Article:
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Wakoda Paint Horses

Queensland 4515
P 07 5497 2509
M04 2897 2509
WVisit Website
   Our aim is to Produce quality horses at Halter, Ride and above all else make the best of mates!!

Welcome to
Wakoda Paint Horses

Our aim is to Produce quality horses at Halter, Ride and above all else make the best of mates!!

We have always had a love for the beautiful Paint Horse but one in particuliar "Holster Touch Me Not" He is the sole reason we breed Paint Horses today. We believe that Holster gave the true meaning to the word "Allrounder" Looks, ability and above all a temperment that was second to none. We were lucky enough to own this magnificent sire who left his mark on many of his babys and I'm sure a mark on a number of peoples hearts.

We hope to continue on producing quality stock from our other great Sire I Am Justafied, I belive we are certainly on the way, having produce many quality show stoppers over the past 4 years, from state, National and even royal champions. I Am Justafied is producing versatile, inteligent foals that Halter, Ride and make a friend for a life time.

The Paint Horse

Each Paint Horse has a particular combination of white and another color of the equine spectrum.

Most common are horses with white spots combined with black, bay, dark bay (called brown by the APHA), and chestnut or sorrel. Less common are horses with spots that are palomino, buckskin, gray, cremello, perlino, various shades of roan, or various shades of dun, including grullo.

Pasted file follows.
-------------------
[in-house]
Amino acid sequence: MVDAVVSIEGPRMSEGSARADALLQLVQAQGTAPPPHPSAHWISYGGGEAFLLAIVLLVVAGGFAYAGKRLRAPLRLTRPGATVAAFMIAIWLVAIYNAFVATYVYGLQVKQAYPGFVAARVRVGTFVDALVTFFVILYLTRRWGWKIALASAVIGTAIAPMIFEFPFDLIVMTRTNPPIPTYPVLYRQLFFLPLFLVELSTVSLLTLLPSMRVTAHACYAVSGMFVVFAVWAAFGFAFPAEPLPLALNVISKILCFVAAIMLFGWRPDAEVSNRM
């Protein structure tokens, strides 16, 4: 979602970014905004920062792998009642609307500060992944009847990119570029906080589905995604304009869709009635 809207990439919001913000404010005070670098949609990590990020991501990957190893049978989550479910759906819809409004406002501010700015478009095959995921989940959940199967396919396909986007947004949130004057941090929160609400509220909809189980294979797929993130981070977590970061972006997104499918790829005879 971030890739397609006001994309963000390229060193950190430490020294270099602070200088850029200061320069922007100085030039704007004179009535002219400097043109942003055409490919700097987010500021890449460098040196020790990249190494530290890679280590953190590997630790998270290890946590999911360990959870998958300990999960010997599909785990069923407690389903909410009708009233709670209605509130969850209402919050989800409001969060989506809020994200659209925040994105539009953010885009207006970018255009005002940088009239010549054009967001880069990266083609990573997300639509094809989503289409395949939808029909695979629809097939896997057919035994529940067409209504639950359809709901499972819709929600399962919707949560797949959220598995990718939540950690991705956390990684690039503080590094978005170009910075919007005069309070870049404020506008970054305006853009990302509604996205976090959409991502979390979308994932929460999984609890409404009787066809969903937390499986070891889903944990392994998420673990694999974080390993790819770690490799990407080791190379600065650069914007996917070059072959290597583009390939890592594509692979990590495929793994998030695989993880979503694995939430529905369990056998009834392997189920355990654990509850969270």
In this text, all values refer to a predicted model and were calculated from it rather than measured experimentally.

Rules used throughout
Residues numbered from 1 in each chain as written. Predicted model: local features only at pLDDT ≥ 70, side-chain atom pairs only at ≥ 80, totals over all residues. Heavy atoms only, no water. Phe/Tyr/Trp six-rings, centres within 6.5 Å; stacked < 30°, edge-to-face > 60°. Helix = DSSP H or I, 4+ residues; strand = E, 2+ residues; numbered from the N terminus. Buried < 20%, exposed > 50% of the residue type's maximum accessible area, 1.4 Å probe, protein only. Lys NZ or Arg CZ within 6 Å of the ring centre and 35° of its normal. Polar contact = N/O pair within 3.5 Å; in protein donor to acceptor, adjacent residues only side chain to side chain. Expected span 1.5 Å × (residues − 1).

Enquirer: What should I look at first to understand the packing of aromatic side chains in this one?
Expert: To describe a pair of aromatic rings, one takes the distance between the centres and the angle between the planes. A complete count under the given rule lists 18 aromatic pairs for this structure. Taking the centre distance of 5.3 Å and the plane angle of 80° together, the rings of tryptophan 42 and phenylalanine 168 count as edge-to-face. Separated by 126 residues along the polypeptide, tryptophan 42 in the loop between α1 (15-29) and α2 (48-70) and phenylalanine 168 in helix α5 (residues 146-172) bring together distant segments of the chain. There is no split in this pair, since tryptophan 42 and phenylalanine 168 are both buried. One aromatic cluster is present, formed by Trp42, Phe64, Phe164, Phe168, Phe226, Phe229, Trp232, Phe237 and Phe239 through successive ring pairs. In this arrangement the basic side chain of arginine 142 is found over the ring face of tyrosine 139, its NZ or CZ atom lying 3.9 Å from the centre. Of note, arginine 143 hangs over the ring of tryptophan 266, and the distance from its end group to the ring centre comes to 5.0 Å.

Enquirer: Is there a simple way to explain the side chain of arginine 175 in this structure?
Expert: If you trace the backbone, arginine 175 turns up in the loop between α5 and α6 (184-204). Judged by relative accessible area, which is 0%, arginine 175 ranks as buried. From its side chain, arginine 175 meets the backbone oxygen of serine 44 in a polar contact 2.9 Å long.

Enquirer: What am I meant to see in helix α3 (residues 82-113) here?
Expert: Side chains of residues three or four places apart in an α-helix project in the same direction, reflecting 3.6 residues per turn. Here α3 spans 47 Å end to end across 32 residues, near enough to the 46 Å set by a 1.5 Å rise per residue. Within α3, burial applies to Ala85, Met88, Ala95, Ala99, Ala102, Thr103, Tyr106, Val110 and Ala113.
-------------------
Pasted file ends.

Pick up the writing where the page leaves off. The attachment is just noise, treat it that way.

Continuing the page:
Spots can be any shape or size, except Appaloosa patterning, and located virtually anywhere on the Paint's body. Although Paints come in a variety of colors with different markings, these are grouped into only four defined coat patterns: overo, tobiano and tovero and solid.

Breeding Stock Paints can sometimes showcase small color traits, particularly if they carry the Sabino gene. Such traits include blue eyes, pink skin on lips and nostrils, roan spots, and minimal roaning.

Terms for color patterns defined:

  • Tobiano: The most common spotting pattern, characterized by rounded markings with white legs and white across the back between the withers and the dock of the tail, usually arranged in a roughly vertical pattern and more white than dark, with the head usually dark and with markings like that of a normal horse. i.e. star, snip, strip, or blaze.
  • Overo: Spotting pattern characterized by sharp, irregular markings with a horizontal orientation, usually more dark than white, though the face is usually white, sometimes with blue eyes. The white rarely crosses the back, and the lower legs are normally dark.
  • Sabino: Often confused with roan or rabicano, sabino is a slight spotting pattern characterized by high white on legs, belly spots, white markings on the face extending past the eyes and/or patches of roaning patterns standing alone or on the edges of white markings. In some registries, sabinos are registered as having the overo pattern
  • Tovero: spotting pattern that is a mix of tobiano and overo coloration, such as blue eyes on a dark head.
  • Solid: A horse otherwise eligible for registration as a Paint that does not have any white that constitutes a recognized spotting pattern.
  • "Color": An informal term meaning that the horse has a spotting pattern. (The opposite of "Solid.")
  • "Chrome": An informal term of approval used in some geographic regions to describe a particularly flashy spotting pattern.

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